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lacks_part is a (binary) relation in ro_proposed. It also exists in
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PATO as a relational quality or reified relation such that we can talk
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directly of the lack.
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I will choose to interpret lacks_part(X) as the class expression:
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PATO:lacks_all_parts_of_type and towards X and inheres_in organism
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Or equivalently
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E=organism
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Q=lacks_all_parts_of_type
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E2=X
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> > When using inheres_in for the phenotype composition, such as
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> > inheres_in("flat", "basihyal bone"), there is a genus ("flat"), a
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> > relationship (inheres_in), and a differentia ("basihyal bone") term.
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Yes
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(minor point: the differentia is the relation-relatum pair <inheres_in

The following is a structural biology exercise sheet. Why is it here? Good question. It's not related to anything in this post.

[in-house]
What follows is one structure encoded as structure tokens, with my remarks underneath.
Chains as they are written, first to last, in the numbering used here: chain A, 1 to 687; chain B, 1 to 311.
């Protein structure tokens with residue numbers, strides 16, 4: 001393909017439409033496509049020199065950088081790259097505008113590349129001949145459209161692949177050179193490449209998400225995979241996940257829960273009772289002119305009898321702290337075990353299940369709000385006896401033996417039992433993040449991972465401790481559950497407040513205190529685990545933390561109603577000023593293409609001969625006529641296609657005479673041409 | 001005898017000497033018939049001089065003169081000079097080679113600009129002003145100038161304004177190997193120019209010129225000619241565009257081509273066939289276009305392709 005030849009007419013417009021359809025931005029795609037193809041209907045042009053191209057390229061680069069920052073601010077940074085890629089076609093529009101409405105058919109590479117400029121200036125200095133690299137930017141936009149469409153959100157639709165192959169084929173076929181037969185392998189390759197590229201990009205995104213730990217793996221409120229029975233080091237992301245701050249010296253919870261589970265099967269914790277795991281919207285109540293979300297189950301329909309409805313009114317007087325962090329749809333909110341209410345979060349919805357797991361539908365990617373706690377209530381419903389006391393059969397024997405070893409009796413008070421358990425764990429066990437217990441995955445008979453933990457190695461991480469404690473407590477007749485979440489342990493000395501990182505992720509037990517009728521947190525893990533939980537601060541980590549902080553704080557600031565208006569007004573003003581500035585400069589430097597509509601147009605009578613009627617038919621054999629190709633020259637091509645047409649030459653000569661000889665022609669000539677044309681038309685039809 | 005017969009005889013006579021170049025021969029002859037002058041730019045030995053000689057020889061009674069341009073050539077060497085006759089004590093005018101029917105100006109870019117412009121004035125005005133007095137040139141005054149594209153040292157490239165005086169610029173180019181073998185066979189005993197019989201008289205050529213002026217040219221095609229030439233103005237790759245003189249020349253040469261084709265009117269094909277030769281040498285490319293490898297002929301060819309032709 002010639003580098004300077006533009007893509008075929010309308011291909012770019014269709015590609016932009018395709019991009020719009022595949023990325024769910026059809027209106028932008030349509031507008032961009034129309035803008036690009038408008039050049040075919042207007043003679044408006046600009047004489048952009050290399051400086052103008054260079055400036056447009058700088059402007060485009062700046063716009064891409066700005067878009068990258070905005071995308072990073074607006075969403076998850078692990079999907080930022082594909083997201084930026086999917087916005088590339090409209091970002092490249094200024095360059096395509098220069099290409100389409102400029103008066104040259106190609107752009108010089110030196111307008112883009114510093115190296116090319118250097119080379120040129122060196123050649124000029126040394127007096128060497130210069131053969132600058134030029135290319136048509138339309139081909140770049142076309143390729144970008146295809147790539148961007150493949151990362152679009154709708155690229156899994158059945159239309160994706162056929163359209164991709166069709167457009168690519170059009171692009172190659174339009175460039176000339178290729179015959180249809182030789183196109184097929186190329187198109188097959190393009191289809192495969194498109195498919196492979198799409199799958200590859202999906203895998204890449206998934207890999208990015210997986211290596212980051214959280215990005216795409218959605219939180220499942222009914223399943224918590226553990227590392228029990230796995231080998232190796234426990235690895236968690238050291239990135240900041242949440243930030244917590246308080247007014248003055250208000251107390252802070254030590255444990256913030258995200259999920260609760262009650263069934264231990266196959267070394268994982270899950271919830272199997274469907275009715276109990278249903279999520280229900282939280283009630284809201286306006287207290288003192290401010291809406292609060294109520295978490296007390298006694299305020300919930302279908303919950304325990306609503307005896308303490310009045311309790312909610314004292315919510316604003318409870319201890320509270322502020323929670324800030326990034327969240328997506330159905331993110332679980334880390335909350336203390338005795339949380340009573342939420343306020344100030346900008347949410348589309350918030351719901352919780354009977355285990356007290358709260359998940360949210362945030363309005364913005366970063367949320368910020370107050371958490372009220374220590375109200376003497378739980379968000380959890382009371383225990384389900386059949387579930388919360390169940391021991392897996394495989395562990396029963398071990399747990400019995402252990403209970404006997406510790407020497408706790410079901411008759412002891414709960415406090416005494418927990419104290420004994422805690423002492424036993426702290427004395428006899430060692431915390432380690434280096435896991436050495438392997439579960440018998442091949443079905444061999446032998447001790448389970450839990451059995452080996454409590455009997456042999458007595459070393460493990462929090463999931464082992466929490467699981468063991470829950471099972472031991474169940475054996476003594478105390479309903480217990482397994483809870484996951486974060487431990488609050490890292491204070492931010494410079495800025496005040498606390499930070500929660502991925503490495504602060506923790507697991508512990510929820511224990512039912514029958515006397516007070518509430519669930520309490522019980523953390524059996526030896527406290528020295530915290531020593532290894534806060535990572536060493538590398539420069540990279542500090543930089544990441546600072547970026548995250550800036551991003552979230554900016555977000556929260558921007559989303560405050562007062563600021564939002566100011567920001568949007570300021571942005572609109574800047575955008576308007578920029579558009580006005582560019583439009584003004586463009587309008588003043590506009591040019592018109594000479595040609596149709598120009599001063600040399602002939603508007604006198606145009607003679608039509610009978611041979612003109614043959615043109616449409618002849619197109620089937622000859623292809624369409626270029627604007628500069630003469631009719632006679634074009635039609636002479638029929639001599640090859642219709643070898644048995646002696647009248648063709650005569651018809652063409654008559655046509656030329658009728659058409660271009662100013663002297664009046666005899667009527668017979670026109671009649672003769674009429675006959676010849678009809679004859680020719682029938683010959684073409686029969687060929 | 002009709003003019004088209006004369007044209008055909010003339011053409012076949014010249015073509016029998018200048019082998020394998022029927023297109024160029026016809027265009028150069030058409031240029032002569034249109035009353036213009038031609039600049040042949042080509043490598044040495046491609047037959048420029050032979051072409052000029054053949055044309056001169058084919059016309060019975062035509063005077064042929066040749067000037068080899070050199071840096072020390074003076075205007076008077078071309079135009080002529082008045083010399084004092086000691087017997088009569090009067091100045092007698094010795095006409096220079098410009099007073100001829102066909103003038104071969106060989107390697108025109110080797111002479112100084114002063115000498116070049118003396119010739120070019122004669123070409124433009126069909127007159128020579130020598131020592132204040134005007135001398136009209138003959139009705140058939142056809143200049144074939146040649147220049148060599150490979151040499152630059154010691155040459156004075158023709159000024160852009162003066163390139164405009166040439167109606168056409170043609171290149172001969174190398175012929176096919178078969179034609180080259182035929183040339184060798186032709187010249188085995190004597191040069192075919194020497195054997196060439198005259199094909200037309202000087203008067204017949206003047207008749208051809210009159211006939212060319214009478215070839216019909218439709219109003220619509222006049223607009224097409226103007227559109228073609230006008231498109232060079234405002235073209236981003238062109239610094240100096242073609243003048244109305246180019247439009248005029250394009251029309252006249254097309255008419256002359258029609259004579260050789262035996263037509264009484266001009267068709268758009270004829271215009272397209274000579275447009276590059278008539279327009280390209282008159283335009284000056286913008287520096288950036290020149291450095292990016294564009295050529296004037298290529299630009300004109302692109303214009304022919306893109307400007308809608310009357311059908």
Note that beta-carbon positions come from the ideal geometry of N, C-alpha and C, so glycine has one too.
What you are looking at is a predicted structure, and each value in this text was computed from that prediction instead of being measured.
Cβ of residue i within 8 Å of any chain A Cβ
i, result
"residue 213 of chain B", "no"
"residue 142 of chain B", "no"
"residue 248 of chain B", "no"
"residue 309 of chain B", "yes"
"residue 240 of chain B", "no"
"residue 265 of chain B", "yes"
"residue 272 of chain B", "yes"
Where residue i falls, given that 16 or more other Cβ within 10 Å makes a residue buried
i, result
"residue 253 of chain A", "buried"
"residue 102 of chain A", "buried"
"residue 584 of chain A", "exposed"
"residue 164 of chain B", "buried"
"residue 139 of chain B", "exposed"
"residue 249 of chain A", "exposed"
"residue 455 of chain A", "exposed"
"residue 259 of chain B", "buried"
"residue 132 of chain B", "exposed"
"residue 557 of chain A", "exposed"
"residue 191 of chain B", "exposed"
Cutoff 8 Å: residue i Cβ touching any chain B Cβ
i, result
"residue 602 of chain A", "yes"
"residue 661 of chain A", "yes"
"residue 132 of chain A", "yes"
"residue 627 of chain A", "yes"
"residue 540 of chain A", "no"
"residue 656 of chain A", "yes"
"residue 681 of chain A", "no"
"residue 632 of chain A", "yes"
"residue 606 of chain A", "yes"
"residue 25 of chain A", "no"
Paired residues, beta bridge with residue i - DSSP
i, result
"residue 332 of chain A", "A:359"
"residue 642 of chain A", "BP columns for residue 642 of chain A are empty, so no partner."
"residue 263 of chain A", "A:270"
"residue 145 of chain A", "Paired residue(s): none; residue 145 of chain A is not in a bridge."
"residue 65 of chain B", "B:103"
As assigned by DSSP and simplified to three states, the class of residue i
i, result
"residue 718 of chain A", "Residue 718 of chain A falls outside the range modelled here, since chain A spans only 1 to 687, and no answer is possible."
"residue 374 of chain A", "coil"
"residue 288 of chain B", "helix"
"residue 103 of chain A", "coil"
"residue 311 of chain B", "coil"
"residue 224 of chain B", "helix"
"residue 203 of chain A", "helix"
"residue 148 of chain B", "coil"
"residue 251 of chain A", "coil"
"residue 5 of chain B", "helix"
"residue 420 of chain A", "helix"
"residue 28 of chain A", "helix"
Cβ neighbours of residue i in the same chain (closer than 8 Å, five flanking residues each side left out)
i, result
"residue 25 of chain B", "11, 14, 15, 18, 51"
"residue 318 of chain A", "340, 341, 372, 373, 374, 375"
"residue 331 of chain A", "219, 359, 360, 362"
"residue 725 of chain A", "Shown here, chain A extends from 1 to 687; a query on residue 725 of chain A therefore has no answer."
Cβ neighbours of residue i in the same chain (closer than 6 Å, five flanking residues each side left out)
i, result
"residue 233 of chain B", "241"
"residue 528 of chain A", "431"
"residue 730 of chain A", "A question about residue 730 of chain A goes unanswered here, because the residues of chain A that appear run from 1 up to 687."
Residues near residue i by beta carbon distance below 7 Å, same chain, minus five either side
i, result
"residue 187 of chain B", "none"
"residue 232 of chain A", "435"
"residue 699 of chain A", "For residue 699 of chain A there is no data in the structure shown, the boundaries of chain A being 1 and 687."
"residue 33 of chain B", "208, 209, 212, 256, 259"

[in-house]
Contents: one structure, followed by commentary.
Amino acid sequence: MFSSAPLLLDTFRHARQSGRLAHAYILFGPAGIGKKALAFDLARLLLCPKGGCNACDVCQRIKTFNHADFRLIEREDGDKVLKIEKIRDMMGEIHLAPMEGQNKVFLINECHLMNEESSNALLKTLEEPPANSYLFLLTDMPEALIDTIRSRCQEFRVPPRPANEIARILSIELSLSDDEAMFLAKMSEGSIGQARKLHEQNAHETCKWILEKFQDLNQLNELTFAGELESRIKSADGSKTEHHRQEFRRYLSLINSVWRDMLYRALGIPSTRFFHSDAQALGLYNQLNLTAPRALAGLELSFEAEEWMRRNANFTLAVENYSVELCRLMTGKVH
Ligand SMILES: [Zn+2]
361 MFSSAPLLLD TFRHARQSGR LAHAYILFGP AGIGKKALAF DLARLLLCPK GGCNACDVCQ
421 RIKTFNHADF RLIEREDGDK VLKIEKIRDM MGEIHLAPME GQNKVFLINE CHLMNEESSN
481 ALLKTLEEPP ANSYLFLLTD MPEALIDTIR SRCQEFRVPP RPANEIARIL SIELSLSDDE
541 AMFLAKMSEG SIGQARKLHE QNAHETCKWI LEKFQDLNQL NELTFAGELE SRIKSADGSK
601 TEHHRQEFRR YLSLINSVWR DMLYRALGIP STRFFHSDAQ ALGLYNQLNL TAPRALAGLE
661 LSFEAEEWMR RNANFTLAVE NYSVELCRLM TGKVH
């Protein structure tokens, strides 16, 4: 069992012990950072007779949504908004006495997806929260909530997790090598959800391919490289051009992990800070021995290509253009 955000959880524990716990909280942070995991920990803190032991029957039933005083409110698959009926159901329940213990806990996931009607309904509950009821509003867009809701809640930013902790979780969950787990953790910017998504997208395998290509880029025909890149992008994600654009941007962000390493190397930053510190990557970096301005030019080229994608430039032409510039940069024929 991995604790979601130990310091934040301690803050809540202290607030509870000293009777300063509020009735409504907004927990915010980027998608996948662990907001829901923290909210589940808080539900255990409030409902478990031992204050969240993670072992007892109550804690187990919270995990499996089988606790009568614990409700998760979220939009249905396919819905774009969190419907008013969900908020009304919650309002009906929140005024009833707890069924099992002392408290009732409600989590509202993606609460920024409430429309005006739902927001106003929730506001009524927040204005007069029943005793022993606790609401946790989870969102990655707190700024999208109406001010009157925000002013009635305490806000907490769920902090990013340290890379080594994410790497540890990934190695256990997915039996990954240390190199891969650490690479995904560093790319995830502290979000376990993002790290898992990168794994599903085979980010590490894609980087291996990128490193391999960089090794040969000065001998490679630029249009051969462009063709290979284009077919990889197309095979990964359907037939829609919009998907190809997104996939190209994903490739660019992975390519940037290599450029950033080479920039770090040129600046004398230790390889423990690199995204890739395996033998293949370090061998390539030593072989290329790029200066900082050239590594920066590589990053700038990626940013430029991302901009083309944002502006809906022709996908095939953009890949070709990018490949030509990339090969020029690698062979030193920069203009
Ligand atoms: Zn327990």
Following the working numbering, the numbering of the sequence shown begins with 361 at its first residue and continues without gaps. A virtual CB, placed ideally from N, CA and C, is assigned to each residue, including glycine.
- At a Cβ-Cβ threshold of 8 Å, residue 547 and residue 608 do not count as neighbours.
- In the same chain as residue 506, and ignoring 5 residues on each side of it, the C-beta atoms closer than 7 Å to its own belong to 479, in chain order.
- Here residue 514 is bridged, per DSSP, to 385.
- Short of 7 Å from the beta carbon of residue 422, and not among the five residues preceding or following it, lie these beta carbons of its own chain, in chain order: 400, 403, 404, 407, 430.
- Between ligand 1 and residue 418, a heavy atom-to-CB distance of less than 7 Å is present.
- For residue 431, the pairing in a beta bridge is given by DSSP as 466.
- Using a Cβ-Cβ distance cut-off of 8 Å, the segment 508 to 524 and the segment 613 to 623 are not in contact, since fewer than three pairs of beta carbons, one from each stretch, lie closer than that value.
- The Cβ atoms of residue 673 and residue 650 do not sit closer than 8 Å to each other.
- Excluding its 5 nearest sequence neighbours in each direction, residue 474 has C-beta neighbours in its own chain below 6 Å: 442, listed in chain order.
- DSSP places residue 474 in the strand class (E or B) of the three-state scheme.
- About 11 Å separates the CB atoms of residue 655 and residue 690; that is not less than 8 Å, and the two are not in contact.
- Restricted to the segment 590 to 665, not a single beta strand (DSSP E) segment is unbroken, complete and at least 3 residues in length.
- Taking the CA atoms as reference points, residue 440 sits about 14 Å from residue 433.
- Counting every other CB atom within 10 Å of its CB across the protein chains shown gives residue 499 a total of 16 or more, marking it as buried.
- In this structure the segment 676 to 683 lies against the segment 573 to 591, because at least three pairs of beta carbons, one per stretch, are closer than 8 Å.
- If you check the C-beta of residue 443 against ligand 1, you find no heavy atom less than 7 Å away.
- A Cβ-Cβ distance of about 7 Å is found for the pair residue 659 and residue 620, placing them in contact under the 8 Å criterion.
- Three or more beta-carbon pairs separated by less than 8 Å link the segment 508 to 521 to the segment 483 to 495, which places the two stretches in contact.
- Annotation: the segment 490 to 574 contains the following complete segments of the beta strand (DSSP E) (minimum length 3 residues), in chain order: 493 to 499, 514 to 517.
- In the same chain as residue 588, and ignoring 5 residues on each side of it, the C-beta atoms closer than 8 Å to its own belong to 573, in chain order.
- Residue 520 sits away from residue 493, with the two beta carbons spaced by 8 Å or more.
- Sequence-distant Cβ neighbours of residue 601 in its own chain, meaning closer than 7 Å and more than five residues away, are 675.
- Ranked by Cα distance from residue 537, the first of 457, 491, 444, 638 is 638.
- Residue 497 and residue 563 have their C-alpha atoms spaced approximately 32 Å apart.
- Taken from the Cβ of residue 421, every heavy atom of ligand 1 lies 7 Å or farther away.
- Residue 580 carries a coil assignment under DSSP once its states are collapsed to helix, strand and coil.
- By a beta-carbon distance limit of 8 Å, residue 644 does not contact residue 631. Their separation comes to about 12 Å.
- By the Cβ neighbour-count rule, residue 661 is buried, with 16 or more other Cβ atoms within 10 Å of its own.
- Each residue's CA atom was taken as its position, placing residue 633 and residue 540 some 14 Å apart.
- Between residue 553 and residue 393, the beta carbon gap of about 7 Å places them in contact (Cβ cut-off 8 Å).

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basihyal_bone>)
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> > So if you used, for example, lacks_part("body", "process of basihyal
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> > bone"),
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OK, here is where the notation becomes confusing. This is a
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proposition stating 'all bodies lack a process of basihyal bone',
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which is untrue
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I will treat this as
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PATO:lacks_all_parts_of_type and towards process-of-basihyal-bone and
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inheres_in body
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> > then by inference:
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> >
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> > lacks_part("body", "process of basihyal bone") is_a "body"
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inheres_in body
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> > lacks_part("body", "process of basihyal bone") lacks_part "process of
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> > basihyal bone"
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towards basihyal-bone
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> > lacks_part("body", "process of basihyal bone") lacks_part_of "basihyal
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> > bone"
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towards (anatomical_entity and part_of basihyal_bone)
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> > I don't follow how you infer from lacks_part("process of basihyal
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> > bone") that
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> >
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> > lacks_part("process of basihyal bone") is_a "absent"
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> >
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> > Even if I add a genus term such as in